I Heart Huckabees is such an iconoclastic movie that it seems a bit perverse to note just how much it owes to other films and filmmakers. Yet out of a heady stew of disparate influences emerges one of the boldest, most audacious American movies of the last 25 years, a freewheeling cerebral carnival of energy and ideas, if not always coherence or cohesion.
The latest from writer-director David O. Russell combines the intellectual vaudeville of an early Woody Allen short story with the cinematic playfulness that Jean-Luc Godard exhibited before Marxist orthodoxy destroyed his sense of joy and possibility. Also like early Godard, Russell seems heavily influenced by his peers and contemporaries. Huckabees borrows Jason Schwartzman, melancholy quirkiness, and a perfectionist's eye for detail from Wes Anderson, as well as Mark Wahlberg (in his finest role and performance since Boogie Nights) and a woozily psychedelic Jon Brion score from P.T. Anderson. I Heart Huckabees also suggests Charlie Kaufman and Spike Jonze's trippy postmodern absurdism, but, like Quentin Tarantino's best work, it synthesizes its influences into something joltingly original.
A self-described "existential comedy" about interconnectivity, environmentalism, corporations, coincidences, the meaning of life, and Shania Twain, Huckabees casts Dustin Hoffman and Lily Tomlin as existential detectives who help their clients deal with philosophical crises, albeit sometimes in ways that just confuse them further. Schwartzman, in a rare and welcome lead role, co-stars as an environmentalist locked in personal and political struggle with fellow client Jude Law, a yuppie executive whose happy façade conceals an emptiness shared by his girlfriend Naomi Watts. For his part, Wahlberg imbues a modern icon of manliness and courage—the heroic firefighter—with a combustible mixture of rage, idealism, and despair. United in their confusion and alienation, Wahlberg and Schwartzman form an unlikely friendship as they fall under the spell of gloomy philosopher Isabelle Huppert, the apparent ideological foe of Hoffman and Tomlin.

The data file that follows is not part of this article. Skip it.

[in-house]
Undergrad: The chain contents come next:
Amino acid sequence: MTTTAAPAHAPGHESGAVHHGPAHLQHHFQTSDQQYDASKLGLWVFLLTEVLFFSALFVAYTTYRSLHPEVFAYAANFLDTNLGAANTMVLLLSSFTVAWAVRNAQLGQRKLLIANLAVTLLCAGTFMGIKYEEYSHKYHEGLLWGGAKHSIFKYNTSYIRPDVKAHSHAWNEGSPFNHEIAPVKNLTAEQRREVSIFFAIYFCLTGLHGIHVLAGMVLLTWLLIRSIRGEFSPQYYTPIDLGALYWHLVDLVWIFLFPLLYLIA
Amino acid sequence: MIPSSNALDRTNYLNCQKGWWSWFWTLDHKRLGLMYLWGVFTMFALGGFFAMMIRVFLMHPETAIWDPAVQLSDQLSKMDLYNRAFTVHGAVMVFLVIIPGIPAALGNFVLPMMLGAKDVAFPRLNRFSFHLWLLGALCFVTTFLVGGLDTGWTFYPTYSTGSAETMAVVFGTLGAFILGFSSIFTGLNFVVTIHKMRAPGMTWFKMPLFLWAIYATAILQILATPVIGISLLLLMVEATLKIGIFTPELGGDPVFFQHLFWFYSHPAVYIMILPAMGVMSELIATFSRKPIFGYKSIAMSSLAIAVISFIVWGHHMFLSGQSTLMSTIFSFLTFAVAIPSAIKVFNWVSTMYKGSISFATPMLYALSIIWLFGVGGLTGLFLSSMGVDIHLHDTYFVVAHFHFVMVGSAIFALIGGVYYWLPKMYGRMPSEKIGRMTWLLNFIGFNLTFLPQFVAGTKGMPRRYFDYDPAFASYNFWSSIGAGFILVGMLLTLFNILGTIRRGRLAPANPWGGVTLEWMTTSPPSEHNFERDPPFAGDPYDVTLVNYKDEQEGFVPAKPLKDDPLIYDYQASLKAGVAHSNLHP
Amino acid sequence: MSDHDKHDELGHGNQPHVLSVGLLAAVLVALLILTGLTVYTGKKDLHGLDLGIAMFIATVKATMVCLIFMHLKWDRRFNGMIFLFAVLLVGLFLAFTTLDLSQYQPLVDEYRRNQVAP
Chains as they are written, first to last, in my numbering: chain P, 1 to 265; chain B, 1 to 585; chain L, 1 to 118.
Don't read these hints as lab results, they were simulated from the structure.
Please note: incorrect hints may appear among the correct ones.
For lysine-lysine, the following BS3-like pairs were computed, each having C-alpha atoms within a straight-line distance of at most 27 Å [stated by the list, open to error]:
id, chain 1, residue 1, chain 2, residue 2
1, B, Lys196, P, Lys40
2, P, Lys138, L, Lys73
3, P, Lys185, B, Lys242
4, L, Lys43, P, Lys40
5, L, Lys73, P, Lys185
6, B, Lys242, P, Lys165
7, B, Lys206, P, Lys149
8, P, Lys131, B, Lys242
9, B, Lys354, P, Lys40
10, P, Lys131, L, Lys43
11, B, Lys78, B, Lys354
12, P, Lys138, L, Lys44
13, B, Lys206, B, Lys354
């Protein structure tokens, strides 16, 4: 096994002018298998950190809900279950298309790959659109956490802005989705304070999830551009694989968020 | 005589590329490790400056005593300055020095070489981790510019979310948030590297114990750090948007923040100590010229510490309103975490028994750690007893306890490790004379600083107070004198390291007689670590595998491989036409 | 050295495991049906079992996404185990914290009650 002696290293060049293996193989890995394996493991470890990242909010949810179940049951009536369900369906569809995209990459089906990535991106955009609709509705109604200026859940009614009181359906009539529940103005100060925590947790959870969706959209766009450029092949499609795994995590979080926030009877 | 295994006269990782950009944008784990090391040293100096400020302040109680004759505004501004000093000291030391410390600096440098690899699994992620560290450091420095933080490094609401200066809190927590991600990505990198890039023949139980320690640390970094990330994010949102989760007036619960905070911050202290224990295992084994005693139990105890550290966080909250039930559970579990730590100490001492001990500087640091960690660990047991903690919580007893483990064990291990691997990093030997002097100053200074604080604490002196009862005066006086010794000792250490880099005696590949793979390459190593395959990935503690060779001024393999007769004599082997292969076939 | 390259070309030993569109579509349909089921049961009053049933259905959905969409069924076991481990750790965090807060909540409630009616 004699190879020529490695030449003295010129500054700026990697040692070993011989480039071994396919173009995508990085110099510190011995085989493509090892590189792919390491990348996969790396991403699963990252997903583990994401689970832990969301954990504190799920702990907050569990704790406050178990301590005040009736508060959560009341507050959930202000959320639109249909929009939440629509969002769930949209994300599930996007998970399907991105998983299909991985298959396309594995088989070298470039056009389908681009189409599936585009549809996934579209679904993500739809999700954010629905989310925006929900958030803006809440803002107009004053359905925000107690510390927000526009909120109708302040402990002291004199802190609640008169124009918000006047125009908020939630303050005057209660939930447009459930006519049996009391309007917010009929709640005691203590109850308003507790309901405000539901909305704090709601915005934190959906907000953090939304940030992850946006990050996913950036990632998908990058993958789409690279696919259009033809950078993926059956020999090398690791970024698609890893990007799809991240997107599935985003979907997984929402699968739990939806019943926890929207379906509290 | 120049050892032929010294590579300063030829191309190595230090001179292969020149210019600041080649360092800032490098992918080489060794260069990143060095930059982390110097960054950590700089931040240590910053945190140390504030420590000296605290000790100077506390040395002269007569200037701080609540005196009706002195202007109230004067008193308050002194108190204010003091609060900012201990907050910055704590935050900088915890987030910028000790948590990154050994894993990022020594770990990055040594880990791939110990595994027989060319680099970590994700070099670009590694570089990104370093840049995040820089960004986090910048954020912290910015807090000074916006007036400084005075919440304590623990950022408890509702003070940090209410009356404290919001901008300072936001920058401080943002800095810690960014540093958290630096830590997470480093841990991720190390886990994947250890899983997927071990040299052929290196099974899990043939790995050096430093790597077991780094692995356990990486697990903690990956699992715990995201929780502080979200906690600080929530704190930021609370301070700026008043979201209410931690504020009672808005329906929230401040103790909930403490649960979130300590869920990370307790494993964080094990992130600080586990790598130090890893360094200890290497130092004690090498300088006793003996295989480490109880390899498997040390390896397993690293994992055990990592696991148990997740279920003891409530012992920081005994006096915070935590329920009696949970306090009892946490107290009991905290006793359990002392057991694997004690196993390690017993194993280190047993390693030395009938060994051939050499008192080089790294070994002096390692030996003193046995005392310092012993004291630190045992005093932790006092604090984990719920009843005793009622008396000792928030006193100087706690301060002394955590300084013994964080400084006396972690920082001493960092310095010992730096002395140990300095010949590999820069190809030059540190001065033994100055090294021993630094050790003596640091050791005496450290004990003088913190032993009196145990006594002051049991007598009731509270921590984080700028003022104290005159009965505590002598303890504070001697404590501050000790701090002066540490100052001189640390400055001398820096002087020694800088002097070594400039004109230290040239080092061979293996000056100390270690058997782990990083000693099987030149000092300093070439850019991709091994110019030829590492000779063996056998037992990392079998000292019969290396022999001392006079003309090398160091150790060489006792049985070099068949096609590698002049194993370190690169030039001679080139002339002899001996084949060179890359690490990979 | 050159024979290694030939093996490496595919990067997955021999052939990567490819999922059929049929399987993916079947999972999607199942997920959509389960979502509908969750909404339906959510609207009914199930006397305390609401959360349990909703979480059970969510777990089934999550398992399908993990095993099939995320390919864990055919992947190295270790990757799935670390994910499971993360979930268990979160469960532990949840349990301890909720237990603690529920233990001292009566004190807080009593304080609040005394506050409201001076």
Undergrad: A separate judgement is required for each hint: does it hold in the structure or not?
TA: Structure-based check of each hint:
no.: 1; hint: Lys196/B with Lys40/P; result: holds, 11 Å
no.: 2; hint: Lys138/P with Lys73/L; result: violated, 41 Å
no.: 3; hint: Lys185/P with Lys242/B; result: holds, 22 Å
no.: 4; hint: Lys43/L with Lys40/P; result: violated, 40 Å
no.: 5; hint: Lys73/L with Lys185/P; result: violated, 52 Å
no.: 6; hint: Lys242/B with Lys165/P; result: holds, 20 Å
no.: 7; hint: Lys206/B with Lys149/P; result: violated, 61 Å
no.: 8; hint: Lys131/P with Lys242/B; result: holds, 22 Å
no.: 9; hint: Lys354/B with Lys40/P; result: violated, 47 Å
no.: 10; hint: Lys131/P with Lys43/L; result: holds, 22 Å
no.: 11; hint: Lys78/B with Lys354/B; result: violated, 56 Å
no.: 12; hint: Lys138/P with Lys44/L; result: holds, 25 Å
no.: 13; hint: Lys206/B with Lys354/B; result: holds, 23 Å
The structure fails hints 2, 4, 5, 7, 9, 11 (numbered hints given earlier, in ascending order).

A stoner movie that gets high on theories and concepts, Huckabees throws out so many seemingly contradictory and counterintuitive ideas that it takes repeat viewings just to process everything in the script. A light comedy about the meaning and nature of existence, the film fuses lowbrow physical comedy and deep thoughts in a far-from-seamless way, but it's thrilling to witness a movie this eager to risk looking ridiculous.
In I Heart Huckabees, ideas don't just meet and clash: They dance furious tangos of love and hate, enter into ill-advised marriages, and then head down to Mexico for quickie divorces. That exhilarating fearlessness makes flying off the rails seem like a glorious leap of faith.